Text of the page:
El tema central de este Blog es LA FILOSOFÍA DE LA CABAÑA y/o EL REGRESO A LA NATURALEZA o sobre la construcción de un "paradiso perduto" y encontrar un lugar en él. La experiencia de la quietud silenciosa en la contemplación y la conexión entre el corazón y la tierra. La cabaña como objeto y método de pensamiento. Una cabaña para aprender a vivir de nuevo, y como ejemplo de que otras maneras de vivir son posibles sobre la tierra.

domingo, 11 de marzo de 2012

La "cabaña" de Langston Hughes


Langston Hughes

I, Too, Sing America - Langston Hughes
Langston Hughes

James Langston Hughes was born February 1, 1902, in Joplin, Missouri. His parents divorced when he was a small child, and his father moved to Mexico. He was raised by his grandmother until he was thirteen, when he moved to Lincoln, Illinois, to live with his mother and her husband, before the family eventually settled in Cleveland, Ohio. It was in Lincoln, Illinois, that Hughes began writing poetry. Following graduation, he spent a year in Mexico and a year at Columbia University. During these years, he held odd jobs as an assistant cook, launderer, and a busboy, and travelled to Africa and Europe working as a seaman. In November 1924, he moved to Washington, D.C. Hughes's first book of poetry, The Weary Blues, was published by Alfred A. Knopf in 1926. He finished his college education at Lincoln University in Pennsylvania three years later. In 1930 his first novel, Not Without Laughter, won the Harmon gold medal for literature.
Hughes, who claimed Paul Lawrence Dunbar, Carl Sandburg, and Walt Whitman as his primary influences, is particularly known for his insightful, colorful portrayals of black life in America from the twenties through the sixties. He wrote novels, short stories and plays, as well as poetry, and is also known for his engagement with the world of jazz and the influence it had on his writing, as in "Montage of a Dream Deferred." His life and work were enormously important in shaping the artistic contributions of the Harlem Renaissance of the 1920s. Unlike other notable black poets of the period—Claude McKay, Jean Toomer, and Countee Cullen—Hughes refused to differentiate between his personal experience and the common experience of black America. He wanted to tell the stories of his people in ways that reflected their actual culture, including both their suffering and their love of music, laughter, and language itself.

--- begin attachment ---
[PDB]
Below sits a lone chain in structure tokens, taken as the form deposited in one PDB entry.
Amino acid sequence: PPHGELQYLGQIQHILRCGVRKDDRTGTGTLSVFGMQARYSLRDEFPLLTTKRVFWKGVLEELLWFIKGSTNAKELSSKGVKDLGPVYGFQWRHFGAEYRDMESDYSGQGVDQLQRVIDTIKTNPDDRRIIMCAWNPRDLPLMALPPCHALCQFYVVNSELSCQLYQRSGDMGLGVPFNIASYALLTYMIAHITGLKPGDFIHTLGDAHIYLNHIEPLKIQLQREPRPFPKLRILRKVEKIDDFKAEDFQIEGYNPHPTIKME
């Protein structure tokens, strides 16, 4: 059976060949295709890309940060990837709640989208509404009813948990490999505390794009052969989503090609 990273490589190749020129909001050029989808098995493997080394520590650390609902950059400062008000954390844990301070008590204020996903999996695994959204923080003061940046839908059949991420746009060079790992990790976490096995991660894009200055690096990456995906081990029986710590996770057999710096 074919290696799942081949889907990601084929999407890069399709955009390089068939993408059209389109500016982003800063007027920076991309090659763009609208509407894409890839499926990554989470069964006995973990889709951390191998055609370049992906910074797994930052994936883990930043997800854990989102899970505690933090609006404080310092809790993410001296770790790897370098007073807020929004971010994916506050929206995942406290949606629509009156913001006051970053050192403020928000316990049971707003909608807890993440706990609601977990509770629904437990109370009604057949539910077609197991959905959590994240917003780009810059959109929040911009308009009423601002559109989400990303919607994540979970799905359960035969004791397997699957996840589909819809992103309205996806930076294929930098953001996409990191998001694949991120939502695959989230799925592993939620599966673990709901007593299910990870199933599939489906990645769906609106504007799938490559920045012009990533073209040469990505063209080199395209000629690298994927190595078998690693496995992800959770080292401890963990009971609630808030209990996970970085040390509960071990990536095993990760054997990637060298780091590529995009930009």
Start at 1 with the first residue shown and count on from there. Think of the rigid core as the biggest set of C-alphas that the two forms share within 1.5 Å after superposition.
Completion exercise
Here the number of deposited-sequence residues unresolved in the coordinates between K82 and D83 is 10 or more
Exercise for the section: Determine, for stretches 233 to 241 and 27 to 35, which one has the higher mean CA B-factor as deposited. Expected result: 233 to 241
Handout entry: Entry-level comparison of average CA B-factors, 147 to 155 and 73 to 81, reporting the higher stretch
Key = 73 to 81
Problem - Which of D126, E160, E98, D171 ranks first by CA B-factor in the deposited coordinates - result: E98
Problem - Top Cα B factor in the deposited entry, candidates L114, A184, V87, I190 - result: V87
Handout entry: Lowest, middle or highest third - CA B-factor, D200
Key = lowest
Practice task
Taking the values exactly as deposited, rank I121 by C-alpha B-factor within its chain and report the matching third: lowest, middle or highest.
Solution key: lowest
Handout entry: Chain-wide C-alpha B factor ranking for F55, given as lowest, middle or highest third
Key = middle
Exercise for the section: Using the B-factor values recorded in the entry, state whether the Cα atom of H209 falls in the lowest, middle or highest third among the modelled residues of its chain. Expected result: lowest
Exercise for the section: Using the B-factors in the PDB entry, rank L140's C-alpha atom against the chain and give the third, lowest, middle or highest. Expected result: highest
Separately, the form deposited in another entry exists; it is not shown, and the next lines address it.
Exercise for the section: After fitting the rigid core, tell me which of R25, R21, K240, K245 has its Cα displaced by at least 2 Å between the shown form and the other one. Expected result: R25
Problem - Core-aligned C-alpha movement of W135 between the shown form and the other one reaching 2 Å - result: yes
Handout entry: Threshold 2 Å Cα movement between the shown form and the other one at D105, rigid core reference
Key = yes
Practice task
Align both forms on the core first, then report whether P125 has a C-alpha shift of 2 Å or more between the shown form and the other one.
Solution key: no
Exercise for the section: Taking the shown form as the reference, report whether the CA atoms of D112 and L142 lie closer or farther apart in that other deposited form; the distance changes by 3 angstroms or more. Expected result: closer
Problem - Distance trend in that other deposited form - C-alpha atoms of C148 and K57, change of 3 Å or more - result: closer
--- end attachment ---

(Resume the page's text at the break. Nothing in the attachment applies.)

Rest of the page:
Langston Hughes died of complications from prostate cancer in May 22, 1967, in New York. In his memory, his residence at 20 East 127th Street in Harlem, New York City, has been given landmark status by the New York City Preservation Commission, and East 127th Street has been renamed "Langston Hughes Place."
In addition to leaving us a large body of poetic work, Hughes wrote eleven plays and countless works of prose, including the well-known “Simple” books: Simple Speaks His Mind, Simple Stakes a Claim,Simple Takes a Wife, and Simple's Uncle Sam. He edited the anthologies The Poetry of the Negro and The Book of Negro Folklore, wrote an acclaimed autobiography (The Big Sea) and co-wrote the play Mule Bone with Zora Neale Hurston.

Carolina Cabin (1951)
By Langston Hughes

There’s hanging moss
And holly
And tall straight pine
About this little cabin
In the wood.

Inside
A crackling fire,
Warm red wine,
And youth and life
And laughter
That is good.

Outside
The world is gloomy,
The winds of winter cold,
As down the road
A wandering poet
Must roam.

But here there’s peace
And laughter
And love’s old story told
Where two people
Make a home.


Barn architecture in Tennessee: Langston Hughes Library by Maya Lin:


"The Langston Hughes Library is a private non-circulating library designed by Maya Lin (most famous for her Vietnam Veteran’s Memorial in Washington DC), and located on the Haley Farm in Clinton, TN. It contains a 5,000-volume reference collection focusing on works by African-American authors and illustrator, and books focused on the Black experience.…

An 1860s refurbished barn and two corn cribs comprise the exterior skin of the building. The rustic exterior, which evokes the 'architectural vernacular of 19th-century East Tennessee, a plain language of silvery, time-worn siding, rough logs, and minimal geometries,' is melded with modern Shaker-like simplicity on the interior.

Maya Lin pointed out that the function of the exterior and that of the interior were different and thus she 'wanted to make a real cut between outside and inside…there didn't seem to be much point in preserving the rustic feel of the barn's interior.'

…A striking aspect of the design (is) the glass-encased corn cribs that act as a base for the cantelievered barn that sits atop them. Margaret Butler of Martella Associates states that the glass between the logs 'glows like a Chinese lantern' at night…"
Maya Lin's website: http://www.mayalin.com/









http://www.poets.org/poet.php/prmPID/83

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